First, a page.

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Firetalking and Sunday dinners

April 7, 2008

by Jenni Sebora

A short while ago, I was reading a story with a class of children. The story centered on the childhood memories of the author. She (the author and storyteller) told of how each Sunday afternoon her family would share a chicken dinner with all the fixings, and then sit around the fireplace listening to stories told by the elders in the family – firetalking they called it.

This Sunday afternoon gathering was a weekly tradition, one which the author looks back at with such fondness. Traditions shared are about just that, sharing, togetherness, safety, security and bonding.

I proceeded to ask the group of children if they too shared Sunday dinners or other weekly dinners together on a regular basis.

No one responded, but some excitedly told of other traditions their families shared together. Annual Christmas dinners. Turkey dinner at Thanksgiving. Decorating eggs with grandparents. When the students shared these rituals they did it with much excitement. One could tell these shared traditions were greatly anticipated by them.

I, too, shared a childhood tradition with the children. When I was growing up, each Friday evening we would traverse to my grandparents house, usually with some of my nieces and nephews coming along as well. A major part of this weekly get-together was an evening (about 8 p.m.) “lunch” together in my grandma’s kitchen.

The table was extended to accommodate all of us. The meal almost always consisted of homemade jelly, many times chokecherry, and summer sausage sandwiches, and of course, other homemade treats that my grandma lovingly baked or cooked.

Conversation was also a large part of this weekly gathering. As children, we usually didn’t contribute much in words to the conversation – we listened to the adults talking, usually about a church activity or some happenings with a neighbor or other family members – “firetalking.”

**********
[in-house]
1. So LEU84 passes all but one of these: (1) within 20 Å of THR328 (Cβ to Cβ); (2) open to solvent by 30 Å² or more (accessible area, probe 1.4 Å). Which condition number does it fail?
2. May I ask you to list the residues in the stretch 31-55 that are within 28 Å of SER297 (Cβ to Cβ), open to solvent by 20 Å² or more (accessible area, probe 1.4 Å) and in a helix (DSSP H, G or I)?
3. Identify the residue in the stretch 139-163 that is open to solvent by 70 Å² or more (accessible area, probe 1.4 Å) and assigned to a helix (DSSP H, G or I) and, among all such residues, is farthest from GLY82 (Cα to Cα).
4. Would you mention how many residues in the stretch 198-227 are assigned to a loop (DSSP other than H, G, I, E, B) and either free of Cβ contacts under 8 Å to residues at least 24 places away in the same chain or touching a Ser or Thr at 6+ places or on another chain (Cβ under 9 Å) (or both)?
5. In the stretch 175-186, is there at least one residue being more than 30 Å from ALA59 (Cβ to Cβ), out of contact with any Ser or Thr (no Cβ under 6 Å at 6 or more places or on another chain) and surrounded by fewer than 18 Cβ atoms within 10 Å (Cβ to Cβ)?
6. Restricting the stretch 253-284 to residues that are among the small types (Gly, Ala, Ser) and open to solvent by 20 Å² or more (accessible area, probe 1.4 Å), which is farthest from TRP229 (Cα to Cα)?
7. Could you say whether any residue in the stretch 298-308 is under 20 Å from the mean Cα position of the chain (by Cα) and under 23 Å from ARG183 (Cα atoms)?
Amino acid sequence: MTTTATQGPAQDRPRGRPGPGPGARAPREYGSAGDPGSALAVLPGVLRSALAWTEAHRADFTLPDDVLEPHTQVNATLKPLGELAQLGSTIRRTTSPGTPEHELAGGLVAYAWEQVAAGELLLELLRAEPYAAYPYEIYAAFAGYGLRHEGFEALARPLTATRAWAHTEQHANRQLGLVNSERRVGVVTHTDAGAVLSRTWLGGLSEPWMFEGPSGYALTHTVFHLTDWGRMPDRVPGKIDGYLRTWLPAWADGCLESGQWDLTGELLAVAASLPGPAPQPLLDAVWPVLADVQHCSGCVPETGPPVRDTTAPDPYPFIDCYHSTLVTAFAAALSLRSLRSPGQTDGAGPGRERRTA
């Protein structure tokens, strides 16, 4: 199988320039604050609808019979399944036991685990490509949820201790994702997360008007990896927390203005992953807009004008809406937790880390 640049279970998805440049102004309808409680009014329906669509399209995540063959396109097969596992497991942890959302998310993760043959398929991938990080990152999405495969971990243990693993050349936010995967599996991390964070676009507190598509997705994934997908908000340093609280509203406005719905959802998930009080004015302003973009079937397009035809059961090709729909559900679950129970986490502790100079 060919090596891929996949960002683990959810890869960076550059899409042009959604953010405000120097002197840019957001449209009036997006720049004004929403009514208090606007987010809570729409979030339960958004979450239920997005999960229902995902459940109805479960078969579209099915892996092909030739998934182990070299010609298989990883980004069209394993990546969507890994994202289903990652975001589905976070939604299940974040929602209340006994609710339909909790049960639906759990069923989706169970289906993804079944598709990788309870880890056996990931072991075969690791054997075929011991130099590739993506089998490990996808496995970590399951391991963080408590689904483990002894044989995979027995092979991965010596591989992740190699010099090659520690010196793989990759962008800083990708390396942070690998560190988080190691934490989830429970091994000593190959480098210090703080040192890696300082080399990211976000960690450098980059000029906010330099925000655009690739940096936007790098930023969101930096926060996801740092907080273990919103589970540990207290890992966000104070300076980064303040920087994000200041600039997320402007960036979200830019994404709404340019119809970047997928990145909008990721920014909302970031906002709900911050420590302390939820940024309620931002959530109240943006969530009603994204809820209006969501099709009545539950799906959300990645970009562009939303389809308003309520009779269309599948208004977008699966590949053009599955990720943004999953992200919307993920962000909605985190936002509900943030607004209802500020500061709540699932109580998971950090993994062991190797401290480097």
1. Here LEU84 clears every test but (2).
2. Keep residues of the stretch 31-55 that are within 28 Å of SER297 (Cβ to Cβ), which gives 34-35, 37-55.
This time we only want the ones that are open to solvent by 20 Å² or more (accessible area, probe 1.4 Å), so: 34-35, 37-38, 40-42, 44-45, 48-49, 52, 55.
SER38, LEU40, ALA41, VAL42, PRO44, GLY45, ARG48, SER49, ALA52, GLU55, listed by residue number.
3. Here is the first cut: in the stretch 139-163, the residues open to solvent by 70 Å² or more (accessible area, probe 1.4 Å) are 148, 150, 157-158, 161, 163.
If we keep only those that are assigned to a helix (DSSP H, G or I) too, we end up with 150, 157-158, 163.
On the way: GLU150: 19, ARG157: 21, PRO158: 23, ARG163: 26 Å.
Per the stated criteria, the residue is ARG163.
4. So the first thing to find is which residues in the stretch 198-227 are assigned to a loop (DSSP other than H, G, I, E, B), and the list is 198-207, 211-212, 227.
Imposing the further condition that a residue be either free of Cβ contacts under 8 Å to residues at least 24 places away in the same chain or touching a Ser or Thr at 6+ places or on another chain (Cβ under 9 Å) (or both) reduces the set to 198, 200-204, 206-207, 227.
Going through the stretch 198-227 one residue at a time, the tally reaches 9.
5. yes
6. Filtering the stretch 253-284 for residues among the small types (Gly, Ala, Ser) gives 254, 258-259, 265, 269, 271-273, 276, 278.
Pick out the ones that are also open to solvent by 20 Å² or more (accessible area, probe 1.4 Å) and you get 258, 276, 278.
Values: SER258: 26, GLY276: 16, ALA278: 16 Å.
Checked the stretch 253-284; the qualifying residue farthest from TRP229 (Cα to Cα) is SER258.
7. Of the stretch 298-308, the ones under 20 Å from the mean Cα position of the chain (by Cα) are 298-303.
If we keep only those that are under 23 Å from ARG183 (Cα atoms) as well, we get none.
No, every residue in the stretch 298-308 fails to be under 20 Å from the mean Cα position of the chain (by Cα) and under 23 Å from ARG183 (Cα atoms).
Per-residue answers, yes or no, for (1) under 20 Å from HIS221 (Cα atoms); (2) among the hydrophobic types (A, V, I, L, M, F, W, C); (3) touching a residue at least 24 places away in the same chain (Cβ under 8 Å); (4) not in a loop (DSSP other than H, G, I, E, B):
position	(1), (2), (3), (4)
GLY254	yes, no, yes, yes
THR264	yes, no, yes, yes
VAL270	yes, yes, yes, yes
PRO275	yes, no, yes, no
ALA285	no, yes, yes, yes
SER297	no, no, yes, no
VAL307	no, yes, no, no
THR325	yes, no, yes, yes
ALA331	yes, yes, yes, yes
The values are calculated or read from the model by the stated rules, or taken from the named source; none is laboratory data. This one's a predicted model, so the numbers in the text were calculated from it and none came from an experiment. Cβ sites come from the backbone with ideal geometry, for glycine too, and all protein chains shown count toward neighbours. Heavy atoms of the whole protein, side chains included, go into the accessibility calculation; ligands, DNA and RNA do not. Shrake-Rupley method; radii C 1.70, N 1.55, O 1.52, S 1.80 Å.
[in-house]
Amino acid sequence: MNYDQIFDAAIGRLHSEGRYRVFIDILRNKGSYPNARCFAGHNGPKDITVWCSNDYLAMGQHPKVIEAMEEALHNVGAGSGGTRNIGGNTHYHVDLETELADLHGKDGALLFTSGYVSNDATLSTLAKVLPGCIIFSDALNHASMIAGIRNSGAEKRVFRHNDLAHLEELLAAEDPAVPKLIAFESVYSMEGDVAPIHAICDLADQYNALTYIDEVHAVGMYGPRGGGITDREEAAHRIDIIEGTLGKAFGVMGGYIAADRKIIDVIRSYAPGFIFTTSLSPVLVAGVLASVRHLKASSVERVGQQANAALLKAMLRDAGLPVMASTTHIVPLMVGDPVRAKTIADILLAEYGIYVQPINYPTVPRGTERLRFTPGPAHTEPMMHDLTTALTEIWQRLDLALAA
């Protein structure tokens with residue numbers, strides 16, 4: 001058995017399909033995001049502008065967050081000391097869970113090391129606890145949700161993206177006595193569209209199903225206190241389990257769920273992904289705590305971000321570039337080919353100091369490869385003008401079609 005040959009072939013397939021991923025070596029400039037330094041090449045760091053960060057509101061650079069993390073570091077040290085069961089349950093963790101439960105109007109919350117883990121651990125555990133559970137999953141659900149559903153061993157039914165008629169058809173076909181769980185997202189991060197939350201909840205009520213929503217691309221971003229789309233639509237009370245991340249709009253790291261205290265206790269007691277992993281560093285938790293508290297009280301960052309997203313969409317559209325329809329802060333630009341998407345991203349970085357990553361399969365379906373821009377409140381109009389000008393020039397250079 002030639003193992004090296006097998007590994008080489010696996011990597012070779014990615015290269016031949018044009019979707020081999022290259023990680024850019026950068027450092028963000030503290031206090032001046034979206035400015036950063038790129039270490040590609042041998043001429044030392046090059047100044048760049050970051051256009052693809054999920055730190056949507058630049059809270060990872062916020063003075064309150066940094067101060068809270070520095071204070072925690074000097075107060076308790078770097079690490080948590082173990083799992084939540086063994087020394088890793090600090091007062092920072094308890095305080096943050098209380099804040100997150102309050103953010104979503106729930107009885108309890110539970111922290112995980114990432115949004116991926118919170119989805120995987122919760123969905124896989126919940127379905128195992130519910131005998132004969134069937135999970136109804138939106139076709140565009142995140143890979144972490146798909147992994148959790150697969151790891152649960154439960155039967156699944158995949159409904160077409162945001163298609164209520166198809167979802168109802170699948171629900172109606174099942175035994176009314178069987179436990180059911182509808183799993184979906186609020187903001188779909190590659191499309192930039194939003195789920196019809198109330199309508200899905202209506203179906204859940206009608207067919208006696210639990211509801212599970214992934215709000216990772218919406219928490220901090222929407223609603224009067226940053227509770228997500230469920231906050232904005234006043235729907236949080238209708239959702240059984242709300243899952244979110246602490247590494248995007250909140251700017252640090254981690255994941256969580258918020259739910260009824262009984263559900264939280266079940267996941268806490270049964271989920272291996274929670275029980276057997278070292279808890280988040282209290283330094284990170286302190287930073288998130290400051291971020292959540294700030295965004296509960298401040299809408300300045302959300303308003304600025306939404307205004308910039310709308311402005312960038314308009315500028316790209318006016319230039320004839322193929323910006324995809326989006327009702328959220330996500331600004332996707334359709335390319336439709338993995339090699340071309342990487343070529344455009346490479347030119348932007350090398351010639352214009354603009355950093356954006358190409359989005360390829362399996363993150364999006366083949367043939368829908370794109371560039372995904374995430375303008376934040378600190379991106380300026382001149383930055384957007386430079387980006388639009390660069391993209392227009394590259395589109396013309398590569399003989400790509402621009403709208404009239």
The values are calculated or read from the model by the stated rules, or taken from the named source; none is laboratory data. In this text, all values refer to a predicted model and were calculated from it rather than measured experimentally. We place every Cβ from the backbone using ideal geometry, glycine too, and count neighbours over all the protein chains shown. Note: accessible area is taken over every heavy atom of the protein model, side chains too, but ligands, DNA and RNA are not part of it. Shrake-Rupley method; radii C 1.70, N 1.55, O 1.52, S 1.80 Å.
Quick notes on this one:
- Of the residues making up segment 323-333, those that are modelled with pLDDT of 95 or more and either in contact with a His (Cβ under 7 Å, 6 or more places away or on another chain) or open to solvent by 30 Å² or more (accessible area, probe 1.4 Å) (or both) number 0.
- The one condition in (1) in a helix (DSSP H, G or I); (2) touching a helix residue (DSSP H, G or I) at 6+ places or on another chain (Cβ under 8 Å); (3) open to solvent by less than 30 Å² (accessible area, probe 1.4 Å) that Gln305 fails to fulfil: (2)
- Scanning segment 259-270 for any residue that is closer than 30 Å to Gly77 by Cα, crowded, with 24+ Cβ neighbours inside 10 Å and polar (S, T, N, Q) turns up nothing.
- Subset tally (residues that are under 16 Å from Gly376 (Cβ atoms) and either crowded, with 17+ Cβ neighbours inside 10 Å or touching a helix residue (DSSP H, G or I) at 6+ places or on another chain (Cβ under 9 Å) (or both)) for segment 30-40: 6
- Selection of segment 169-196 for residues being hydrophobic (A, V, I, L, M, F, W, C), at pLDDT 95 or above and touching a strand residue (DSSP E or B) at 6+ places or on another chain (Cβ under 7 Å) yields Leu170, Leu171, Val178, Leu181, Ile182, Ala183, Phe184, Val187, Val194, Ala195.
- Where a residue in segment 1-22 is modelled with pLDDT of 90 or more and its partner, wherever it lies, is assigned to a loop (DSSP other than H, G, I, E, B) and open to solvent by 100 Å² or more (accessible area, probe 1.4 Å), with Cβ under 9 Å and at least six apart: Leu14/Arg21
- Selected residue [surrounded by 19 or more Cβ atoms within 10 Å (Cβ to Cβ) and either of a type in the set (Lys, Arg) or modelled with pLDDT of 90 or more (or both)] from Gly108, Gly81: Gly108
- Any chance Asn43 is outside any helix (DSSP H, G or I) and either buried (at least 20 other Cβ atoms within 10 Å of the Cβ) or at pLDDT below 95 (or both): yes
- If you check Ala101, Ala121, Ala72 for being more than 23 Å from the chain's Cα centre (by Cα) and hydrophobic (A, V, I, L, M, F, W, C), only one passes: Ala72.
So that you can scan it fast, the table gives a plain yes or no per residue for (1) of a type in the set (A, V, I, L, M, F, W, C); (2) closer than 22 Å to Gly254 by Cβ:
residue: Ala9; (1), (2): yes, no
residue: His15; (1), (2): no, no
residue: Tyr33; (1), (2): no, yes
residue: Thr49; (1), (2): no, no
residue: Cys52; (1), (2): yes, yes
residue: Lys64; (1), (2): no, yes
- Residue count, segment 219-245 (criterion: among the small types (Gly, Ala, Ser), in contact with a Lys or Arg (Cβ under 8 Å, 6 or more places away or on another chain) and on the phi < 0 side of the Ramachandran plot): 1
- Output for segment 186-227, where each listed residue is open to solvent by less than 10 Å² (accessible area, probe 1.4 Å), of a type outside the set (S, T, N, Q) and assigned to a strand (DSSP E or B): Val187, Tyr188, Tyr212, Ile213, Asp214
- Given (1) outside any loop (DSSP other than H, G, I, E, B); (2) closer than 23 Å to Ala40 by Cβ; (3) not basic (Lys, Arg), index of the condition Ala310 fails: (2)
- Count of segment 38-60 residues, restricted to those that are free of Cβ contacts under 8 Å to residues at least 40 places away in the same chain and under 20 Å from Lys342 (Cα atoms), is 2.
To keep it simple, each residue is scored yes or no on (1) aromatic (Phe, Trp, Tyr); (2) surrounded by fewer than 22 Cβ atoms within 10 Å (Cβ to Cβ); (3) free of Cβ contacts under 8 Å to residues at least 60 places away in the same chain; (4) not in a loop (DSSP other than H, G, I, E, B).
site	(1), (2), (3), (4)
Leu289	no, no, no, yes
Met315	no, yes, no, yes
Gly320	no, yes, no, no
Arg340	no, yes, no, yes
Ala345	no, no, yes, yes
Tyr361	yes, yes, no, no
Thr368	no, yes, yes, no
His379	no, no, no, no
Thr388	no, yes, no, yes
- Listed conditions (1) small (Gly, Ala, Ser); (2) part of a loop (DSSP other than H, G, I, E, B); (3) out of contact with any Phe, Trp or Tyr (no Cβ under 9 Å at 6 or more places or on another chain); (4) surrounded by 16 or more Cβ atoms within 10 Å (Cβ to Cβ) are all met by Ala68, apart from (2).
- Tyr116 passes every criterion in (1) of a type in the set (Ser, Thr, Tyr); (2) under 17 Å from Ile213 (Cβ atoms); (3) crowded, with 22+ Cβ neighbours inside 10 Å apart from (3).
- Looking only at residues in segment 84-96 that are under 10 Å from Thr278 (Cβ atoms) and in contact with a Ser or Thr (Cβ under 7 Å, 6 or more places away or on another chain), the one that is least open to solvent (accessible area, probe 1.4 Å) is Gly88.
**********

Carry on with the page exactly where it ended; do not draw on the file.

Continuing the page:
Grandma also always had her candy jar stocked with the hard ribbon candy, peppermint candies (red, green, white) and many times, angel candy, which was my favorite.

I so vividly remember these visits with such fondness, just as the author recalled her weekly Sunday tradition. The smell of my grandparents’ house; the sausage and jelly sandwiches, which I still eat today (although it’s hard to find chokecherry jelly, and when I do, it is a definite treat); the candy, which remain my favorites; and most of all, the love and warmth I felt sitting around the table with people I loved and who loved me.

There is so much security in these traditions and shared times.

Now, my grandparents and my father are no longer living, and someone else occupies my grandparents’ house.

The exterior stucco of the house is painted a light tan instead of the light green. The large evergreen trees which created a wonderful place of hide-and-seek for us have been removed, but the memories will always remain.

Although I, myself, am a parent now, and changes inevitably occur, when I drive past the house, it still evokes such warm feelings. I still envision the wonderful flowers my grandma and grandpa planted in the front of the house; the enclosed front porch cupboard filled with containers my grandma saved, which we played make-believe store. And, of course, the kitchen with the wonderful scents and aromas that filled it each week.

I wonder sometimes as I drive past the house that was filled with such love if the family now living there shares some of the same type of traditions and memories with their own family. I hope so.

My hope as I listened to the class of students share some of their beloved family traditions and as I think of my own, that all children grow up with traditions, shared that surround them with such intense warmth, safety and love.

I, too, want my own children to have these same feelings so as they continue to grow they can hold these traditions close to their hearts – so that the thoughts of these family traditions will also evoke such warm feelings of being loved for them.

I think if everyone had such memories shared, our world would be a yet a little nicer place. If you get a chance, take the time to also share with your own children some childhood memories of “firetalking” or “chicken dinners” or whatever it may have been that you experienced.

This, too, further connects our children to us. And hopefully as our children grow up into adults they will form their own traditions with their own families.

“All the wisdom in the world cannot, by itself, replace intimate human ties, family ties, as the center of human development.”

– Selma H. Fraiberg,author of “Magic Years”